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Artists Wassily Kandinsky
Leonardo da Vinci
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About Painting

Painting is the practice of applying paint, pigment, color or other medium to a solid surface. The medium is commonly applied to the base with a brush, but other implements, such as knives, sponges, and airbrushes, can be used. The final work is also called a painting.

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Mercury Prize: Self Esteem and Little Simz lead race for album of the year

Feb 16,2020 8:26 am

Rap star Little Simz and art-pop singer Self Esteem are favourites to win the Mercury Prize for album of the year.

Self Esteem, aka Rotherham-born Rebecca Lucy Taylor, is the bookmakers' tip for her razor sharp second album, Prioritise Pleasure.

Little Simz is a close second for Sometimes I Might Be Introvert, a hip-hop coming of age tale delivered with a cinematic sweep.

The winner will be announced at a ceremony in London on Thursday.

Other nominees for the prestigious award include Harry Styles, Sam Fender and indie newcomers Wet Leg, alongside lesser-known names like jazz musician Fergus McCreadie and rock duo Nova Twins.

Welsh singer Gwenno is recognised for Tresor, an album sung almost entirely in Cornish, which reflects on her experiences of motherhood.

The shortlist is completed by soul singer Joy Crookes, postmodern punks Yard Act, London rapper Kojey Radical and actress Jessie Buckley, who is nominated for a collaborative album with former Suede guitarist Bernard Butler.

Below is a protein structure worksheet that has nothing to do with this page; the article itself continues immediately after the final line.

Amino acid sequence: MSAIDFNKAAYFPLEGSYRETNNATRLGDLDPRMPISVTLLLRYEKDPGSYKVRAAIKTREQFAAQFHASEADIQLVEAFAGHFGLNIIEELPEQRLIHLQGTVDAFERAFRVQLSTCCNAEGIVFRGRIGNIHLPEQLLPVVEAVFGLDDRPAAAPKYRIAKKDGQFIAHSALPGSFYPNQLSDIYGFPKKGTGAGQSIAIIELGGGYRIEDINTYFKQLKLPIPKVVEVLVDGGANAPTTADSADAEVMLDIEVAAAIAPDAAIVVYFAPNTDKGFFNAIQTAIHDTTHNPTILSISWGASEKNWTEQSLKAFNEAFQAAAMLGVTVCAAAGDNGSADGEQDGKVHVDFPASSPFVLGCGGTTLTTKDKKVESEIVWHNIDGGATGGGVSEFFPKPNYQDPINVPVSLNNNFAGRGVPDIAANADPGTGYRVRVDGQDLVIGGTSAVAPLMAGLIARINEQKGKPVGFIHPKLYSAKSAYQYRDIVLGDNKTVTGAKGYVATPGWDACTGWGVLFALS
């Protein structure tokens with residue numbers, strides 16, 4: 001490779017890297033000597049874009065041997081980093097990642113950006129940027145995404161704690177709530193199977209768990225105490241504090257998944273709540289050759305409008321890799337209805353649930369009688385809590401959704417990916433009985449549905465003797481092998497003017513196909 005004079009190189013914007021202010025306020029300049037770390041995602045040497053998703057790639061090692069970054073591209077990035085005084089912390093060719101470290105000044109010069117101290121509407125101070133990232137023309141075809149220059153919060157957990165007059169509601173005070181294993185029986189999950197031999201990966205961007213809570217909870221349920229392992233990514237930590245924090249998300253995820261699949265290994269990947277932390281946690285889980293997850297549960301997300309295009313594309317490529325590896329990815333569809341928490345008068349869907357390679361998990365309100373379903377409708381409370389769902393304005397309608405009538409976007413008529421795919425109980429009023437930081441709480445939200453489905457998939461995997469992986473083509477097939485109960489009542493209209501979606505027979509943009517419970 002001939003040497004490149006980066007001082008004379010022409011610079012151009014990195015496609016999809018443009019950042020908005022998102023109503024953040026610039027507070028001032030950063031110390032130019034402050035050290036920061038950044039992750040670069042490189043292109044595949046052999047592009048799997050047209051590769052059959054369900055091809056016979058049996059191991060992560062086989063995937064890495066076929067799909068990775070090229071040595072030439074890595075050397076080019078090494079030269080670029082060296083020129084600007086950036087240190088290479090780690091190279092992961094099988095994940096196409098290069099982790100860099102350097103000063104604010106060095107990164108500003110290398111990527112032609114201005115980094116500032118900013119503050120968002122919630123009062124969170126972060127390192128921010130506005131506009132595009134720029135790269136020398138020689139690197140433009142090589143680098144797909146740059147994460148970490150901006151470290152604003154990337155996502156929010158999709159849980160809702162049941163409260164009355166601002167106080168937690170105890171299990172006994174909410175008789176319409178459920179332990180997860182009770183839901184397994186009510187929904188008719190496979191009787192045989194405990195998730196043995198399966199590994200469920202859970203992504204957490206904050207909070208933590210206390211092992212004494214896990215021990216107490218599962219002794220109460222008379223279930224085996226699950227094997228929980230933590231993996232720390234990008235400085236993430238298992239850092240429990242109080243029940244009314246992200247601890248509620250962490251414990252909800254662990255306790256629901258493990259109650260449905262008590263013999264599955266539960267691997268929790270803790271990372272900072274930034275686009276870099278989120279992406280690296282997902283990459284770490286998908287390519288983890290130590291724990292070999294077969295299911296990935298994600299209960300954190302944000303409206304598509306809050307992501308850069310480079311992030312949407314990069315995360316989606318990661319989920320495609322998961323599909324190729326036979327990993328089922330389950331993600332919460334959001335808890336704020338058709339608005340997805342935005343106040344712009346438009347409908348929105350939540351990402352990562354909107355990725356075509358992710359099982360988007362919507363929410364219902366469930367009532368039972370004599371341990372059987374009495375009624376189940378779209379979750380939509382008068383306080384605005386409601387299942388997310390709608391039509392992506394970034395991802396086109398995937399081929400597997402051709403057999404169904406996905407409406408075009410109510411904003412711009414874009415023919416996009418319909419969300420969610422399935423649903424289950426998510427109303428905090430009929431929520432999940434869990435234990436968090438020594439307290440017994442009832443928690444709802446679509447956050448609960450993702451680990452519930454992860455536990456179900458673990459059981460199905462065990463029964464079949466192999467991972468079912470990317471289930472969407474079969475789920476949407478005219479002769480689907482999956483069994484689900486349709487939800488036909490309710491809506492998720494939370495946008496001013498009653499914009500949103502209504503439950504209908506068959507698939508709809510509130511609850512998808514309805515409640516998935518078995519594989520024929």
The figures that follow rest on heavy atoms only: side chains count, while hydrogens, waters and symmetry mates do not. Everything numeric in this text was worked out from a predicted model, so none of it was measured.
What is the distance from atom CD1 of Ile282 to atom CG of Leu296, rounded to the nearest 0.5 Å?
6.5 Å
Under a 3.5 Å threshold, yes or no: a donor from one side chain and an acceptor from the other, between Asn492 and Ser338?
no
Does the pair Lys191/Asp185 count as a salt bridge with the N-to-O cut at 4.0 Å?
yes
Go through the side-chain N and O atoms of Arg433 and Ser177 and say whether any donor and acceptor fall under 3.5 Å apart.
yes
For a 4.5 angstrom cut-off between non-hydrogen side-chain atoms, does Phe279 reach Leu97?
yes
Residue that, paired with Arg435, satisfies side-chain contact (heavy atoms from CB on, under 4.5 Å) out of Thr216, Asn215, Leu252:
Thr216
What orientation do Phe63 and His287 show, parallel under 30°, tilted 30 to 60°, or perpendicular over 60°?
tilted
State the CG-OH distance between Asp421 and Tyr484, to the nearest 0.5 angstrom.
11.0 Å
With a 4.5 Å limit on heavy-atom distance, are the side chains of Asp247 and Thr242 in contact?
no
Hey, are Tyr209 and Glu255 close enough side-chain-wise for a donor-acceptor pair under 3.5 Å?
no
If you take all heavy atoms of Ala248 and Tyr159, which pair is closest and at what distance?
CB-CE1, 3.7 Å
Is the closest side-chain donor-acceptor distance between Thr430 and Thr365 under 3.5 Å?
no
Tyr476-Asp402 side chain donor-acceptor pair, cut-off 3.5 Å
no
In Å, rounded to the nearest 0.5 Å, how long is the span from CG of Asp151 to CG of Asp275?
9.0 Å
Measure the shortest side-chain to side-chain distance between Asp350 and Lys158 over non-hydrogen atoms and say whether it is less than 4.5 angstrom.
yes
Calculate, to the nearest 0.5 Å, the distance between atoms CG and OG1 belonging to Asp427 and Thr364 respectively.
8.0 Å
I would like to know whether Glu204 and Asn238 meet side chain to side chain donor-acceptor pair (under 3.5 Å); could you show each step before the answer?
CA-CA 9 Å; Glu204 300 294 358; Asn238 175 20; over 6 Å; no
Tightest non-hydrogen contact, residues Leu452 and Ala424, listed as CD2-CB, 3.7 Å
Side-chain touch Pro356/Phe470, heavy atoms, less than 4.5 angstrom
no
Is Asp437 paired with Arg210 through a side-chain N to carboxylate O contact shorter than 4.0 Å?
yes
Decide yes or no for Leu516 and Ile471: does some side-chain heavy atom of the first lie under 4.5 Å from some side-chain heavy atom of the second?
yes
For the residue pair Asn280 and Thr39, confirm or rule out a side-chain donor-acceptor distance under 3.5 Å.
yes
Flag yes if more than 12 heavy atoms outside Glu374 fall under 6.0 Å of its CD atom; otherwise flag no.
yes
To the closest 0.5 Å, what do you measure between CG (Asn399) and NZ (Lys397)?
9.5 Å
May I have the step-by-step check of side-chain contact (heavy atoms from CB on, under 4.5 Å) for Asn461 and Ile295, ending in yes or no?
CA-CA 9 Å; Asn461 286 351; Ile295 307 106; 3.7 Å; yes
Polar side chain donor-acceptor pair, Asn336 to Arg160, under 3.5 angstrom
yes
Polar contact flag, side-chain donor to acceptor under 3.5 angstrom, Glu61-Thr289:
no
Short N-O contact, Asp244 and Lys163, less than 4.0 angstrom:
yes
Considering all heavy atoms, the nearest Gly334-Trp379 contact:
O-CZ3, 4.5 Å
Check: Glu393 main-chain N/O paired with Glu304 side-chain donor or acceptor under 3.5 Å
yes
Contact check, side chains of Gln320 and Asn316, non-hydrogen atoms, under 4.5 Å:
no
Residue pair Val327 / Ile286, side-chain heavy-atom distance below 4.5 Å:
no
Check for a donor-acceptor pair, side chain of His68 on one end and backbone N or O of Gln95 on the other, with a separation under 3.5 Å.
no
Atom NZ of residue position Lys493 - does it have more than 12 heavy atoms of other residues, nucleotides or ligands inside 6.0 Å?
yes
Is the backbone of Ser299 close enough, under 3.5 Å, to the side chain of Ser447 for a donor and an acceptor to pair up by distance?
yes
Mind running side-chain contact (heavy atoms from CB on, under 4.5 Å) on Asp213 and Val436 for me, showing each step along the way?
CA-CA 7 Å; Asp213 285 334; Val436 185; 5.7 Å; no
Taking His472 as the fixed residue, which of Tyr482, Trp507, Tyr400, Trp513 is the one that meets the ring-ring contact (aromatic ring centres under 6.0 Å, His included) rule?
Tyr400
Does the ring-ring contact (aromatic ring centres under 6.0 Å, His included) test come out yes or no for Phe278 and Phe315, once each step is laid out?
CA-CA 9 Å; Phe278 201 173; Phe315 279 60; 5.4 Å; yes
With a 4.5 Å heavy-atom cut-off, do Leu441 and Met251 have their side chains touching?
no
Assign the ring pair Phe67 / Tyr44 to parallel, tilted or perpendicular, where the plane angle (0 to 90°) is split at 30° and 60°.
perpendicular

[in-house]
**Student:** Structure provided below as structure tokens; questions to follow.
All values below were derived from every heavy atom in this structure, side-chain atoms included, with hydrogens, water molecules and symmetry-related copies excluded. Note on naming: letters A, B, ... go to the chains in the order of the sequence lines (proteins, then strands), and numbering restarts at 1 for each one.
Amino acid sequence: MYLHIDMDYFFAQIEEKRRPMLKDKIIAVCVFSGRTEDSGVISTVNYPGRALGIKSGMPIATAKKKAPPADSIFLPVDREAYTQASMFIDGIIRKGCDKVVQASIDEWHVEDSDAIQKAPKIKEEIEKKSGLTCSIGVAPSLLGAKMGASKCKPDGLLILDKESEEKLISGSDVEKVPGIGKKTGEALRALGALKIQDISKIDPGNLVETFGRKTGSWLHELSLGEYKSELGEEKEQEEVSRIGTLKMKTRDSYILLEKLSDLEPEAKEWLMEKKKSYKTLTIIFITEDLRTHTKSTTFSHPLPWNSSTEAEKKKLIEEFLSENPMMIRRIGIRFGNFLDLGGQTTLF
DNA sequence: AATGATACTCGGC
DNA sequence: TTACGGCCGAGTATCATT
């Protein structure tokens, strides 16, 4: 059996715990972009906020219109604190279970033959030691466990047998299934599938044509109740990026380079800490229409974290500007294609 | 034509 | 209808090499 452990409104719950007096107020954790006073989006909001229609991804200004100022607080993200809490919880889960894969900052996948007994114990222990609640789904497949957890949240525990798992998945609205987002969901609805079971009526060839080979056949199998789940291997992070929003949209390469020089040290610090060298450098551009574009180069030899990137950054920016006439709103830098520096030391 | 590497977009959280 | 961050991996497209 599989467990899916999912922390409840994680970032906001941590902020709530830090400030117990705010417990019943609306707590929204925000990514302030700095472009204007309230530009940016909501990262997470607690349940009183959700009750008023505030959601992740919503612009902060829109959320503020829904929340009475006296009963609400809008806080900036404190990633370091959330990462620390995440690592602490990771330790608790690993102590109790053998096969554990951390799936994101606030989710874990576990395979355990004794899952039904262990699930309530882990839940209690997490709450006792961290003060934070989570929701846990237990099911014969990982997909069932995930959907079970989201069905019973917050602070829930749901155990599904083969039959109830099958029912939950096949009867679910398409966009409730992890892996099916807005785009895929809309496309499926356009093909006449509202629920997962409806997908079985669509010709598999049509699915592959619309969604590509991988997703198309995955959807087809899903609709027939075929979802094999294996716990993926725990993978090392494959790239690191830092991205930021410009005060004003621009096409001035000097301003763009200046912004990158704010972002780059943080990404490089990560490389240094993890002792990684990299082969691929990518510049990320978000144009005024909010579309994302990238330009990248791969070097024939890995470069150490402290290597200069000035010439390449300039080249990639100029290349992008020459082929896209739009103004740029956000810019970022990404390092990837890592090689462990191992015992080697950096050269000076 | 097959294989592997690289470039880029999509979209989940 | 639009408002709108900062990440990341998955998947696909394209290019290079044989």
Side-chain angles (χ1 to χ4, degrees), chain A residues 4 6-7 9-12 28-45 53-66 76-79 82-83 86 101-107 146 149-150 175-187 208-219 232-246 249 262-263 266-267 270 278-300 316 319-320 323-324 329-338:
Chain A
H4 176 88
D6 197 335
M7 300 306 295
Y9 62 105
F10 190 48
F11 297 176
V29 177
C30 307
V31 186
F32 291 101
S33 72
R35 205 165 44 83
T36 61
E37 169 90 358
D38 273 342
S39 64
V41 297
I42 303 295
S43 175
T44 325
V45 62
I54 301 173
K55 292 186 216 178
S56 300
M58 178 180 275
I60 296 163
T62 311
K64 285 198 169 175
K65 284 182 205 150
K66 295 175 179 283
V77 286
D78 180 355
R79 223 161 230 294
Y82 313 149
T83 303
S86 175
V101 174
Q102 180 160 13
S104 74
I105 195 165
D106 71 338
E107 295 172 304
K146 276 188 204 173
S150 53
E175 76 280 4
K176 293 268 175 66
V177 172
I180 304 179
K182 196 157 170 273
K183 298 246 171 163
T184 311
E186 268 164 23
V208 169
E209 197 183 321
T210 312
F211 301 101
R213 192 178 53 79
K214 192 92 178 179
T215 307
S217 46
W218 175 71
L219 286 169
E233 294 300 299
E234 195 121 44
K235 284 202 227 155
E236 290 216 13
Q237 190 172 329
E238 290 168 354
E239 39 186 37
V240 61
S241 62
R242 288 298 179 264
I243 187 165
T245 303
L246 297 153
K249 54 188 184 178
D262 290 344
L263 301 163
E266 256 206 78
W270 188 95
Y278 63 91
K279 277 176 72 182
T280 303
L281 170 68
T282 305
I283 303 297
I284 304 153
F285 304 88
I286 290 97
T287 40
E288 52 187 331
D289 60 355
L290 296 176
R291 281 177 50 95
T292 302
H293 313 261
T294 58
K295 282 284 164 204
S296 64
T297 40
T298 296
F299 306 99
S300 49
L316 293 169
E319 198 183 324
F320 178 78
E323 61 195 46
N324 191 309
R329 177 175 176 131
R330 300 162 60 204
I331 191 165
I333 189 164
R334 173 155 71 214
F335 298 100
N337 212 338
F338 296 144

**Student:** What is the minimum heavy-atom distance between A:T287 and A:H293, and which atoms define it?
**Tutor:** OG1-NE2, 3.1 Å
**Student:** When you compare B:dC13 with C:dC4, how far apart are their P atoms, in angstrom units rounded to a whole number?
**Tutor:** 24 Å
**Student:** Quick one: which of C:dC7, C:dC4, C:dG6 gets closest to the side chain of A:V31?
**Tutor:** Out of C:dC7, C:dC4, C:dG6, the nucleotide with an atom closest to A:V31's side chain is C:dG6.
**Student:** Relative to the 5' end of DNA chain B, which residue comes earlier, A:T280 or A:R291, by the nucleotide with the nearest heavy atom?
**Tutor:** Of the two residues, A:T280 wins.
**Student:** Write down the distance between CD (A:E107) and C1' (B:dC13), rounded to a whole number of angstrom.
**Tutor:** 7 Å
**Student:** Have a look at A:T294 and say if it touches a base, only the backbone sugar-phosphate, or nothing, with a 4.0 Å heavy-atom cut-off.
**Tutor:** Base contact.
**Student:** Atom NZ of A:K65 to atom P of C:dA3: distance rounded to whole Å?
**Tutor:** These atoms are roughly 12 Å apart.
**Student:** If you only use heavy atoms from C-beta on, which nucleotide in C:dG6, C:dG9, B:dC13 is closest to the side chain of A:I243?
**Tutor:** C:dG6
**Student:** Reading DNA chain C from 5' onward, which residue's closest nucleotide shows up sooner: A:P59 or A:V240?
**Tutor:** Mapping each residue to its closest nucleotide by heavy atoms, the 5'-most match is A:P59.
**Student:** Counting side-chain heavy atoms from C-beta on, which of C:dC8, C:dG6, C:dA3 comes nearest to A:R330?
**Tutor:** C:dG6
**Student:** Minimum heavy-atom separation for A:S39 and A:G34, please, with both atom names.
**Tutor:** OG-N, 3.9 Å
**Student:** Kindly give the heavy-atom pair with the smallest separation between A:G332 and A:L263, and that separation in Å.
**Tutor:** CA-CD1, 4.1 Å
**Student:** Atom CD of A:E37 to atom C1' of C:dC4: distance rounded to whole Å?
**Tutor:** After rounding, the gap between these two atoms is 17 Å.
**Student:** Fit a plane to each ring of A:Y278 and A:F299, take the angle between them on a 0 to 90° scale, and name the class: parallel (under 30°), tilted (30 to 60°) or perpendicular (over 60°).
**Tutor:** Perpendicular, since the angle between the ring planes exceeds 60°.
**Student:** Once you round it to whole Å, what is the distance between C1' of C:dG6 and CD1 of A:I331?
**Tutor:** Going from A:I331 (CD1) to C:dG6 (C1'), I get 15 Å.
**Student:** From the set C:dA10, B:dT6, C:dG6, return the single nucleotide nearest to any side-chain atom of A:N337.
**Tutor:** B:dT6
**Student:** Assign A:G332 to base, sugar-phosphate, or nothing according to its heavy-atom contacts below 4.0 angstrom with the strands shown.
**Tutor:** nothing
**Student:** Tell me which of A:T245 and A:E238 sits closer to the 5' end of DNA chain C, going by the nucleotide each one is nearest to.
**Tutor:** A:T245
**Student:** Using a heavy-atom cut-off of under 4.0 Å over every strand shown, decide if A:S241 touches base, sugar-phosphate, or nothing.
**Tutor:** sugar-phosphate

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‘I'm overwhelmed,' says Mercury nominee Joy Crookes

All the acts will perform at the prize ceremony, with the exception of Styles, who is in the middle of a sold-out US tour. However, a filmed live performance will be shown to celebrate his number one album, Harry's House.

The ceremony will be broadcast on BBC Four and BBC 6 Music, with the winner announced shortly before 22:00 BST. 6 Music will also play the winner's album in full on Thursday night.

Judges for this year's prize include such musicians as Jamie Cullum, Anna Calvi, Loyle Carner and Lanterns On The Lake's Hazel Wilde, alongside a panel of broadcasters and critics. Jeff Smith, head of music at Radio 2 and 6 Music, will chair the deliberations.

Rock critic Will Hodgkinson, who is one of this year's judges, took the unusual step of in Tuesday's edition of The Times

He said Styles' album was delivered with " real sophistication and flair" but was unlikely to win the £25,000 prize " because he's such a big star that [it] won't mean a great deal".